Criterion Lifts Paywall Streams Selection of Films about Black Lives for Free
Criterion, the premier boutique cinema company preserving, restoring and curating collections of important classic and contemporary films, announced on Thursday, June 4, 2020 that it would offer a selection of films by and about Black voices for free.
This has been a powerfully emotional time. The disproportionate toll that COVID-19 has taken on communities of color; the murders of Ahmaud Arbery, Breonna Taylor, George Floyd, and Tony McDade; and the casually lethal racism of the Central Park dog walker who called the cops on bird-watcher Christian Cooper have once again thrown into sharp focus the inescapable reality of systemic racism in our society and the many kinds of violence it inflicts on black Americans every day.
Black Lives Matter. The anguish and fury unleashed all across the country are rooted in centuries of dehumanization and death. This pattern must stop. We support the protesters who have taken to the streets to demand justice, and we share their hopes. We are committed to fighting systemic racism.
We’ve met as a company and a community to talk openly about the work we need to do to build a better, more equitable, more diverse Criterion, beginning with education and training for our ownership and our staff. We are also committed to examining the role we play in the idea of canon formation, whose voices get elevated, and who gets to decide what stories get told.
Today we are establishing an employee-guided fund with a $25,000 initial contribution and an ongoing $5,000 monthly commitment to support organizations fighting racism in America, including bail funds, community organizations, legal defense funds, and advocacy groups that address police reform. If you follow us on Twitter or Instagram, we’ll keep you informed of the organizations we’re supporting.
We are also using our streaming platform, the Criterion Channel, to highlight films that focus on Black Lives, including works by early pioneers of African American Cinema such as Oscar Micheaux; classics by Maya Angelou, Julie Dash, William Greaves, Kathleen Collins, Cheryl Dunye, and Charles Burnett; contemporary work by Khalik Allah and Leilah Weinraub; and documentary portraits of black experience by white filmmakers Les Blank and Shirley Clarke. We’ve taken down the paywall on as many of these titles as we can, so even if you aren’t a subscriber you can watch them for free.
We are grateful for your continued support and hope that you will join us in speaking out and making a meaningful commitment to battling systemic racism in our country.
On the company’s streaming service, a collection of films highlighting Black Lives are available to stream for free, without a subscription.
In addition Criterion has established an “employee-guided fund” with an initial contribution of $25,000 and an additional $5,000 monthly to support organizations “fighting racism in America.” These include bail and legal defense funds, community organizations, and advocacy groups.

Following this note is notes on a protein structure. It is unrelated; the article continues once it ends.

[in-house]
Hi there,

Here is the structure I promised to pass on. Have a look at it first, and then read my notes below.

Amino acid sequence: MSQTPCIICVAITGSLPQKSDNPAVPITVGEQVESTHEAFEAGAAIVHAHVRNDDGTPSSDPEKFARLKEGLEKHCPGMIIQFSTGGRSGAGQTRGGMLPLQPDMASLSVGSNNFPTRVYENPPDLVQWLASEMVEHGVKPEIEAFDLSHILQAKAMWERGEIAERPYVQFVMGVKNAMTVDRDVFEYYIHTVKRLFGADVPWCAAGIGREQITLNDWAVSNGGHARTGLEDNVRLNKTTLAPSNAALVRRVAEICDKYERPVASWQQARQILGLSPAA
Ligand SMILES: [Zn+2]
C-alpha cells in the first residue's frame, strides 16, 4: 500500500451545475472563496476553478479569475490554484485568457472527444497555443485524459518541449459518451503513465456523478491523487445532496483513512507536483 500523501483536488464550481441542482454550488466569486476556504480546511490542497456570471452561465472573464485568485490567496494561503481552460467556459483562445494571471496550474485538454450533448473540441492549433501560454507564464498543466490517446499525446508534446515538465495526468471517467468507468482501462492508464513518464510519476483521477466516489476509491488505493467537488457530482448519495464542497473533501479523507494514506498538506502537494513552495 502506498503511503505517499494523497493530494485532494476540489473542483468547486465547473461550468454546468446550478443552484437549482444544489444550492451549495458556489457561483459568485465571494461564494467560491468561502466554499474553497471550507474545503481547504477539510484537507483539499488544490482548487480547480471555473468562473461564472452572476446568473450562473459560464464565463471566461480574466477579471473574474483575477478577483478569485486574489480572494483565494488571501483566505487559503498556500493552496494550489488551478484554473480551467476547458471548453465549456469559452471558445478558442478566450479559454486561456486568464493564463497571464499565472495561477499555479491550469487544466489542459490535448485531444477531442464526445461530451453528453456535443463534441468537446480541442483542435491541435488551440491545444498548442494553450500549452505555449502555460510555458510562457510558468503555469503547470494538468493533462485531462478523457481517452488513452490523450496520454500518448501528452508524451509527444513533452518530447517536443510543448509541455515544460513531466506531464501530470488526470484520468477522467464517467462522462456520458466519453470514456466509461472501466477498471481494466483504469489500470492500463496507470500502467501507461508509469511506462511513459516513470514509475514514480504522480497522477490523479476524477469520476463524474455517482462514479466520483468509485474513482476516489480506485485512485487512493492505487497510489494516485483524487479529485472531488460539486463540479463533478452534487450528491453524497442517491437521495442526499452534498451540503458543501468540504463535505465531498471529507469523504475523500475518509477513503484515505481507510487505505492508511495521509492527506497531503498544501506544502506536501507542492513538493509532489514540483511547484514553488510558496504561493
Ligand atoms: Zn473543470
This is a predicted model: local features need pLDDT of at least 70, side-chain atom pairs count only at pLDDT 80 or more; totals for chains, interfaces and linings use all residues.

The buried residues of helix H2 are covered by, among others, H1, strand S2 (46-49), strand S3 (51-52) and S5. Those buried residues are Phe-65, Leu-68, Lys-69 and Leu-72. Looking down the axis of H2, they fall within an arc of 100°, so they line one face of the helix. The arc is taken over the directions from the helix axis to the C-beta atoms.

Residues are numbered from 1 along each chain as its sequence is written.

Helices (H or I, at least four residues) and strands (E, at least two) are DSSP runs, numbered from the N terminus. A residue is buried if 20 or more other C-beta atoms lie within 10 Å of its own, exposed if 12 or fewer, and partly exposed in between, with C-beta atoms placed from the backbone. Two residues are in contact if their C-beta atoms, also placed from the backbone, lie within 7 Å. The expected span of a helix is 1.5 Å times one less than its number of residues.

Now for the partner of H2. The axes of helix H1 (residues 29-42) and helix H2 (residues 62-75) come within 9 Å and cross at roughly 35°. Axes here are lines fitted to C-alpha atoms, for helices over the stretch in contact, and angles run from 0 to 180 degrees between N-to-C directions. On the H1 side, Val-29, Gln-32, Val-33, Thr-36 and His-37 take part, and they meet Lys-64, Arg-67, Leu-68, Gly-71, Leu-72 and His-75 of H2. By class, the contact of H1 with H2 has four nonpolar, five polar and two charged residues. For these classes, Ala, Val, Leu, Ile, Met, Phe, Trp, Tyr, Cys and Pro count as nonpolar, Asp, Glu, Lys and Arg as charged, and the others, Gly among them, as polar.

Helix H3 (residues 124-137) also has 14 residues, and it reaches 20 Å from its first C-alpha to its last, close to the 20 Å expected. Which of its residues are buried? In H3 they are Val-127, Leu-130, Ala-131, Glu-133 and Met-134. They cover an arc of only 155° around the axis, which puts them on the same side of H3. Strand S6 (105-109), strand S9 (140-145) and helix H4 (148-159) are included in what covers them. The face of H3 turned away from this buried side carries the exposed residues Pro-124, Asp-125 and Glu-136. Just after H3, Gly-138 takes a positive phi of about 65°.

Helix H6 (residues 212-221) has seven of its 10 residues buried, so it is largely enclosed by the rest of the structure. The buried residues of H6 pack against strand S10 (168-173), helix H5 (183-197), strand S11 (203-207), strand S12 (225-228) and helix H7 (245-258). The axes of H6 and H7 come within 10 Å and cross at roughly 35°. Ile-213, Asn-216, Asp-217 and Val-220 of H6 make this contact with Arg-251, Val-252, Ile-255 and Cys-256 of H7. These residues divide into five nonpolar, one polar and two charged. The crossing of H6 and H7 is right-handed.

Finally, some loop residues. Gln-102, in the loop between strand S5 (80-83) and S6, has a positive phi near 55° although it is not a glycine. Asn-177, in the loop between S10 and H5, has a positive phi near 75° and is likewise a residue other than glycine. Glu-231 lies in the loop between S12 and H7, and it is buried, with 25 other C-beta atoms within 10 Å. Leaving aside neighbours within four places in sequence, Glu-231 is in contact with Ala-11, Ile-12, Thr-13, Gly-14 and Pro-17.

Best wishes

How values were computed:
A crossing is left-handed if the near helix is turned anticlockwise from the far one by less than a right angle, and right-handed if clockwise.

These films include titles from all across film history. Below is the list of movies:
Body and Soul – A 1925 silent film from a true pioneer of African American cinema, Oscar Micheaux. Micheaux was the first Black filmmaker to produce a feature film and became one of the most prolific and important directors of the era. This movie, starring the legendary Paul Robeson, follows a malevolent and sinister minister who corrupts the community.
The Watermelon Woman – Cheryl Dunye’s 1996 film about a young, Black lesbian filmmaker (Dunye) who probes the life of a 1930s actress who played “mammy” stereotypes.
My Brother’s Wedding – Charles Burnett’s 1983 indie about a struggling man who has to be the best man at his lawyer-brother’s wedding to a well-to-do woman.
Black Mother – The 2018 documentary about Jamaica and its people, from filmmaker Khalik Allah.
Portrait of Jason – The 1967 documentary about Black gay prostitute Jason Holliday.
Suzanne, Suzanne – The 1982 documentary short about Suzanne Browning, a substance abuse teenager, and the downward spiral of her family.
Symbiopsychotaxiplasm: Take One – William Greaves’ fascinating 1968 pseudo-documentary about the making of a student film and the behind-the-scenes drama of making that film.
Black Panthers – A 1968 documentary short from the legendary Agnes Varda.
Shakedown – Leilah Weinraub’s 2018 documentary chronicling explicit performances in an underground lesbian club in Los Angeles.
Down in the Delta – The 1998 family drama directed by Maya Angelou in her feature directorial debut. The film stars Alfre Woodard, Al Freeman, Wesley Snipes and the hreat Esther Rolle in her final film appearance before her death.
Cane River – Horace Jenkins’ 1982 drama about the romance between two people from very different class backgrounds.
Losing Ground – Kathleen Collins’ 1982 comedy-drama about a college professor and her painter husband spending a summer out of the city, straining their already rocky relationship.
Daughters of the Dust – 1991 drama from writer-director Julie Dash about the Gullah culture in the sea islands off the coast of South Carolina.
Criterion said they have endeavored to take the paywall down for as many of these titles as possible. They have also provide a list of ways for you to take action after watching some films exploring the Black experience.